8 - 14, 2010

Cholesterol...You hear the word a lot. But, what exactly is cholesterol, and why should you be concerned about it?

Cholesterol is a waxy steroid metabolite found in the cell membranes and transported in the blood plasma of all animals. It is an essential structural component of mammalian cell membranes, where it is required to establish proper membrane permeability and fluidity. Cholesterol is a type of fat made in the liver and found in animal foods. In addition, it is an important component for the manufacture of bile acids, steroid hormones, and several fat-soluble vitamins.

Cholesterol is the principal sterol synthesized by animals, but small quantities are synthesized in other eukaryotes, such as plants and fungi. It is almost completely absent among prokaryotes, which include bacteria.

Cholesterol is needed for important body functions

- Building cell walls

- Protecting nerves

- Making hormones

THERE ARE TWO TYPES OF CHOLESTEROL: The good (HDL or high-density lipid) and the bad (LDL or low-density lipid).

A higher level of HDL is needed to carry LDL from the blood back to the liver to be eliminated from the body. If there is a higher level of LDL cholesterol in the blood this may cause high blood pressure, raise risk of heart attack, raise risk of stroke, cause the kidneys to fail.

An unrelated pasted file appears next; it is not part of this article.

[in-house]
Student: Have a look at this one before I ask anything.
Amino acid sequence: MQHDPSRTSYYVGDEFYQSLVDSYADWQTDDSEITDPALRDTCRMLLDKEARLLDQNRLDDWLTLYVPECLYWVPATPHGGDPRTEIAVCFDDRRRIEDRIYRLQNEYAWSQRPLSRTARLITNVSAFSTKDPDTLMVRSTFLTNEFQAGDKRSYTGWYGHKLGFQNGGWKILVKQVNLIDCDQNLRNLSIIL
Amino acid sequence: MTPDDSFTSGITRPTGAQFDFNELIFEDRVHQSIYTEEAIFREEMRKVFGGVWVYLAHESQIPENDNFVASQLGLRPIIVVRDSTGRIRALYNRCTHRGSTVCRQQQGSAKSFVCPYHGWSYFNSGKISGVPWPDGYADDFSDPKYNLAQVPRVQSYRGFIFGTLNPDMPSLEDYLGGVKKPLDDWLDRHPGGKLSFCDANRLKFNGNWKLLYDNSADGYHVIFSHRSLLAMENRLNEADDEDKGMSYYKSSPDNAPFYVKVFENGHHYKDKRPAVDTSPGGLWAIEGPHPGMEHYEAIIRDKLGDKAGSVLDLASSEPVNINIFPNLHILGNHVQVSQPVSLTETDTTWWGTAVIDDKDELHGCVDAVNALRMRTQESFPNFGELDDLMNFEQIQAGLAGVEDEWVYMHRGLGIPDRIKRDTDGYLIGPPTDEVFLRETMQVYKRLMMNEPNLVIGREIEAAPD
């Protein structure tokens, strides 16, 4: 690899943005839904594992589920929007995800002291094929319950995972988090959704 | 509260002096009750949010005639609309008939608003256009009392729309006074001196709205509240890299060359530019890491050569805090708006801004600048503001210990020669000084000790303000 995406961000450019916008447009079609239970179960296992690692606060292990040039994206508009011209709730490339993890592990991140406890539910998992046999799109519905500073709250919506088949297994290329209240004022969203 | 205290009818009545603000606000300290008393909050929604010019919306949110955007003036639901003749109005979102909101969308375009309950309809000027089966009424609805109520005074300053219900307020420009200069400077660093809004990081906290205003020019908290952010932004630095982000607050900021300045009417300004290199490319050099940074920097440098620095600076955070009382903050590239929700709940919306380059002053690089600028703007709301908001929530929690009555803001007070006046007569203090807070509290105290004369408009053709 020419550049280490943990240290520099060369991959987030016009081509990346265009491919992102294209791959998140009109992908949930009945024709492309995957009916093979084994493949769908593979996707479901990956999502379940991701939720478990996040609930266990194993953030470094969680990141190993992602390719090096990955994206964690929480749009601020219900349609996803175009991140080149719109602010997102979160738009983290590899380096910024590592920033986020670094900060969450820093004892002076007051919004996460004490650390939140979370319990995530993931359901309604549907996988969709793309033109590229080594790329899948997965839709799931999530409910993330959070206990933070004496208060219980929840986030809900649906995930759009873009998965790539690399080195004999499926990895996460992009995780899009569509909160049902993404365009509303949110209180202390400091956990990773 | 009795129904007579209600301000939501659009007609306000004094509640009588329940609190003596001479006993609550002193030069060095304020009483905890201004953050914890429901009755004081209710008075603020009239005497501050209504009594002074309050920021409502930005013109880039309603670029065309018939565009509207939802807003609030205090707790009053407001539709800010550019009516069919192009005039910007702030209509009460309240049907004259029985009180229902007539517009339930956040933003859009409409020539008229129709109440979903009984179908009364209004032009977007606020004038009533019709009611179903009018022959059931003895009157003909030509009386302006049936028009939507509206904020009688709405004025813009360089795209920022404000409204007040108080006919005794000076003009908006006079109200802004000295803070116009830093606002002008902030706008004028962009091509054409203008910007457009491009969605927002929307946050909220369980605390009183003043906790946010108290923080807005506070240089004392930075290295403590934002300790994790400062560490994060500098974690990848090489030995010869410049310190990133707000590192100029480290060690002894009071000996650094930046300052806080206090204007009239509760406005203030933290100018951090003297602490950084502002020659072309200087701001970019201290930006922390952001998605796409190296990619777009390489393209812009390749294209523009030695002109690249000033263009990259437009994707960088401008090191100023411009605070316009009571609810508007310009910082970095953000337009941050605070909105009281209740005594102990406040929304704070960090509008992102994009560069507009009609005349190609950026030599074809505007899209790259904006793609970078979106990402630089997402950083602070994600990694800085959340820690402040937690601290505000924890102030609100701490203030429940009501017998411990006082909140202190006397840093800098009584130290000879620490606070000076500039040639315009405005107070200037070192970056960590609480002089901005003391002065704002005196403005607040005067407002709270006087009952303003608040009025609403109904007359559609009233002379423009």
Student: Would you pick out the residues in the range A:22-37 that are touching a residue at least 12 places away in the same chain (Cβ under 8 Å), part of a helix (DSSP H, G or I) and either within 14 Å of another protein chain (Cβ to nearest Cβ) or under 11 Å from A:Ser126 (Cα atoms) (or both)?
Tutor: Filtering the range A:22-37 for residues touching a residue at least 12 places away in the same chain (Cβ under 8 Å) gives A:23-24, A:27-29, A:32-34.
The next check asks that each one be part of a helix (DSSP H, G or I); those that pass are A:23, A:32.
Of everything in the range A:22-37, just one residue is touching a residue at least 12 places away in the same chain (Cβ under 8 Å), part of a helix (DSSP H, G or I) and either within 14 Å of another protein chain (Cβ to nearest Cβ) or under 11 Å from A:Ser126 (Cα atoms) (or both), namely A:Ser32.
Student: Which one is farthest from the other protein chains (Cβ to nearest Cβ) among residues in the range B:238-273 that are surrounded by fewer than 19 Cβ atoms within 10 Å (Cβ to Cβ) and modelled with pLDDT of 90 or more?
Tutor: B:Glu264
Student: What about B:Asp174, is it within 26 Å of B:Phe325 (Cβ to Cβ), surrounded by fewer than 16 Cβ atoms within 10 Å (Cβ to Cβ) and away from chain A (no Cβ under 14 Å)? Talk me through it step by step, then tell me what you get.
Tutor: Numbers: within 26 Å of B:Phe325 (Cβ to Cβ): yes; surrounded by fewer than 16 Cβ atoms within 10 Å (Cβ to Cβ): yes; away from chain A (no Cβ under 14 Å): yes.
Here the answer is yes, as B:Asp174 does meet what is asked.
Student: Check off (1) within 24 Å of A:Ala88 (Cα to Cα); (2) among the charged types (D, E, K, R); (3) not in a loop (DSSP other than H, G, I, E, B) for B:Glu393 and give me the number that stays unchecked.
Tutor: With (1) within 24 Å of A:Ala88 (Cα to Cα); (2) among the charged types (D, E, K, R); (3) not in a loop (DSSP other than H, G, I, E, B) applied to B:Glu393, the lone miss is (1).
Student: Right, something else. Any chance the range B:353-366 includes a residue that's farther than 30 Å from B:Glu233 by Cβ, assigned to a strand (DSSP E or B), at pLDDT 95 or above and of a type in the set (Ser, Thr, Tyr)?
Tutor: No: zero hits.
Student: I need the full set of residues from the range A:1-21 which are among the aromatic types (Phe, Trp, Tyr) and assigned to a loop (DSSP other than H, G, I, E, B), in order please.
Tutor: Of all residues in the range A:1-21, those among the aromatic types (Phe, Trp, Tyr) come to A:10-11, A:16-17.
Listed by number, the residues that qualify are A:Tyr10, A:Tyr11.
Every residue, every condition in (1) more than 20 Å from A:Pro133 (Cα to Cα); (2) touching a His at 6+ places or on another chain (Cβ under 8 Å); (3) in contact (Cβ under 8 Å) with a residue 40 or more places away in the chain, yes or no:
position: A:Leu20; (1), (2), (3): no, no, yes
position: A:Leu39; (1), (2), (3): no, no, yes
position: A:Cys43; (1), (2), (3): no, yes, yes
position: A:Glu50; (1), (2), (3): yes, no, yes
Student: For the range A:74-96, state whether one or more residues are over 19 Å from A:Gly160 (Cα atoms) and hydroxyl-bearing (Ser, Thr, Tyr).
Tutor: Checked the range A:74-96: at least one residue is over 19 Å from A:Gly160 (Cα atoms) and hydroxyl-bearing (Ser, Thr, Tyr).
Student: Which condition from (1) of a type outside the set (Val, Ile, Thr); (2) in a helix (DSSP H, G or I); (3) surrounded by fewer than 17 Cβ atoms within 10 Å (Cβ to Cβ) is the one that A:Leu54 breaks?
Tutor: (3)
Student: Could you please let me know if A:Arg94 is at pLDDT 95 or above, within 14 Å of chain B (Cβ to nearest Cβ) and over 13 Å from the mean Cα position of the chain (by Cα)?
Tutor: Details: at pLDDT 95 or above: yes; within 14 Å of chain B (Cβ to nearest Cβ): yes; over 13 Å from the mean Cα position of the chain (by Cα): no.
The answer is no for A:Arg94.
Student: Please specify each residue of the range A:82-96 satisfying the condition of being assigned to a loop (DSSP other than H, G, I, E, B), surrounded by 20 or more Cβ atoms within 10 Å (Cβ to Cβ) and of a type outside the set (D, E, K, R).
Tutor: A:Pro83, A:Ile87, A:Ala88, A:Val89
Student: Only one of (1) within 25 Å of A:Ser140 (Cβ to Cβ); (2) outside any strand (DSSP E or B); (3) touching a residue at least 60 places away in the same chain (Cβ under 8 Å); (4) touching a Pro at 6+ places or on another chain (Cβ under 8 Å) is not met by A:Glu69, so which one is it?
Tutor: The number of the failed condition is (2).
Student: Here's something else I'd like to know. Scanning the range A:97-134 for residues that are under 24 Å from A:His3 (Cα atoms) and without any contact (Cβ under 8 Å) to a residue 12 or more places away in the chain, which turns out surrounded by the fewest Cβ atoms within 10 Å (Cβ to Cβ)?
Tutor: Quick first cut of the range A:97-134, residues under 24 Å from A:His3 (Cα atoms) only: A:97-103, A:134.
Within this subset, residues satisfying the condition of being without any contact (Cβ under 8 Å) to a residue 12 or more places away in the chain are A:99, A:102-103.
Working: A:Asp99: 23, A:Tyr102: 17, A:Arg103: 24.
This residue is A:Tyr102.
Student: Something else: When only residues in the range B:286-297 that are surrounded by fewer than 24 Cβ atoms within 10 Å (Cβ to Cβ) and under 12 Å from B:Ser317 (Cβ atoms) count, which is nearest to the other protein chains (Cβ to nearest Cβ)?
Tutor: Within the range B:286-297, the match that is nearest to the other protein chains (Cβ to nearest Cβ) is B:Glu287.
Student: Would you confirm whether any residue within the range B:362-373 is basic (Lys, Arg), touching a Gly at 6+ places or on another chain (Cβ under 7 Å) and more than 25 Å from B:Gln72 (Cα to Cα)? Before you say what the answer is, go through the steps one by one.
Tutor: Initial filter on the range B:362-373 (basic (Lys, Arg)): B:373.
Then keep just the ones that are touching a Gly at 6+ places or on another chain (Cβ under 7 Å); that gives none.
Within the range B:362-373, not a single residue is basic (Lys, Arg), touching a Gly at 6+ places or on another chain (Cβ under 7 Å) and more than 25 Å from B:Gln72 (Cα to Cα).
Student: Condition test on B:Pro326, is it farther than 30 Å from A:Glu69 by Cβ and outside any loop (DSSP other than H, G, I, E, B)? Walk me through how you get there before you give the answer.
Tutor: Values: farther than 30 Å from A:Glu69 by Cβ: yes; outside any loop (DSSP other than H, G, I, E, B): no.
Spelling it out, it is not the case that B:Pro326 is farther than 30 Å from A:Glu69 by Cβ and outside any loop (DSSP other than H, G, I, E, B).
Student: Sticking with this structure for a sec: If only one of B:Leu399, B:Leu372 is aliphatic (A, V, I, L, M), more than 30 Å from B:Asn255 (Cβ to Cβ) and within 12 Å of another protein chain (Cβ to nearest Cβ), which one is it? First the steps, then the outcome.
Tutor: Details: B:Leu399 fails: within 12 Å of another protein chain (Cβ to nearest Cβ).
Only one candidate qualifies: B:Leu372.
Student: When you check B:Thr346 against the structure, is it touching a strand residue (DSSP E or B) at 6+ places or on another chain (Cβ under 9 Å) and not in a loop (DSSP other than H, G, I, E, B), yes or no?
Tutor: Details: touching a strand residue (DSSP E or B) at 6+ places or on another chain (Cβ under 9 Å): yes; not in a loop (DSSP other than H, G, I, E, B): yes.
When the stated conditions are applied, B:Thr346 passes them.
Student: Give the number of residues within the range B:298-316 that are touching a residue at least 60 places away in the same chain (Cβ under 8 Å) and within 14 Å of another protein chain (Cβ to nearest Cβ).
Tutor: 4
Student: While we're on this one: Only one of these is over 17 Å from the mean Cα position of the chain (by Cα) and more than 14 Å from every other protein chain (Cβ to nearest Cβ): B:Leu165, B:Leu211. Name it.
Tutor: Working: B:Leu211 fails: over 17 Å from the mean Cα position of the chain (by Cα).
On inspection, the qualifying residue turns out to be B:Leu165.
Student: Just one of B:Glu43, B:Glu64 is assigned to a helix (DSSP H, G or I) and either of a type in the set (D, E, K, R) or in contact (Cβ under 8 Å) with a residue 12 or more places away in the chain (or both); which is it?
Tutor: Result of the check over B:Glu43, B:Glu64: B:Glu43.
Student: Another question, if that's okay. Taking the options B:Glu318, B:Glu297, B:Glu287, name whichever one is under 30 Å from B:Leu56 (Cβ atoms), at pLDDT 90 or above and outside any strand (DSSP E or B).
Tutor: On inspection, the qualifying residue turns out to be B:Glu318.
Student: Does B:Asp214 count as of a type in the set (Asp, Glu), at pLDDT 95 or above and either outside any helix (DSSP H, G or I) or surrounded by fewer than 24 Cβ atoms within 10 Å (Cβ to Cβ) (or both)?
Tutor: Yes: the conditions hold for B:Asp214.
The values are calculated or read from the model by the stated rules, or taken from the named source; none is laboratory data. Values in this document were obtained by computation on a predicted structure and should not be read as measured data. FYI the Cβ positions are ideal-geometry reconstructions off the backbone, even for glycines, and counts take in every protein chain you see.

Cholesterol is broken down into LDL, which is needed by the body cells. Once the cells are satisfied the unused LDL remains to become what is known as blood cholesterol. The main danger of high blood cholesterol is that fatty plaques may form which will decrease the diameter of blood vessels. This leads to a restriction of the flow of blood and oxygen to the tissues of the body.

- If an artery supplying blood to the heart becomes blocked you may have a heart attack.

- If an artery supplying blood to the brain becomes blocked you may have a stroke.

- If an artery supplying blood to the kidney becomes blocked you may suffer kidney failure.


The main causes are eating too much high saturated fat i.e. fat found in butter and dairy products, cakes biscuits and takeaway foods; being overweight; and not exercising.


- Eat more fruits and vegetables; oily fish (tuna, mackerel and herring); skinless chicken; fibre rich foods, e.g. oats and whole meal bread.

- Eat less fried takeaway fast foods; high fat dairy products and eggs; saturated fats and oils; biscuits, cakes, and pastries.

- Use unsaturated margarine instead of butter; unsaturated oils (olive oil) instead of lard; low fat cooking methods: steaming, grilling and microwaving.

- Make exercise a part of your day. (Walking is good).

- Do not smoke.

- Drink more water.

The link between blood cholesterol levels and heart disease is clear. Studies have shown that if an average person can reduce his blood cholesterol by only 10% he can reduce his risk of heart attack by up to 50%s.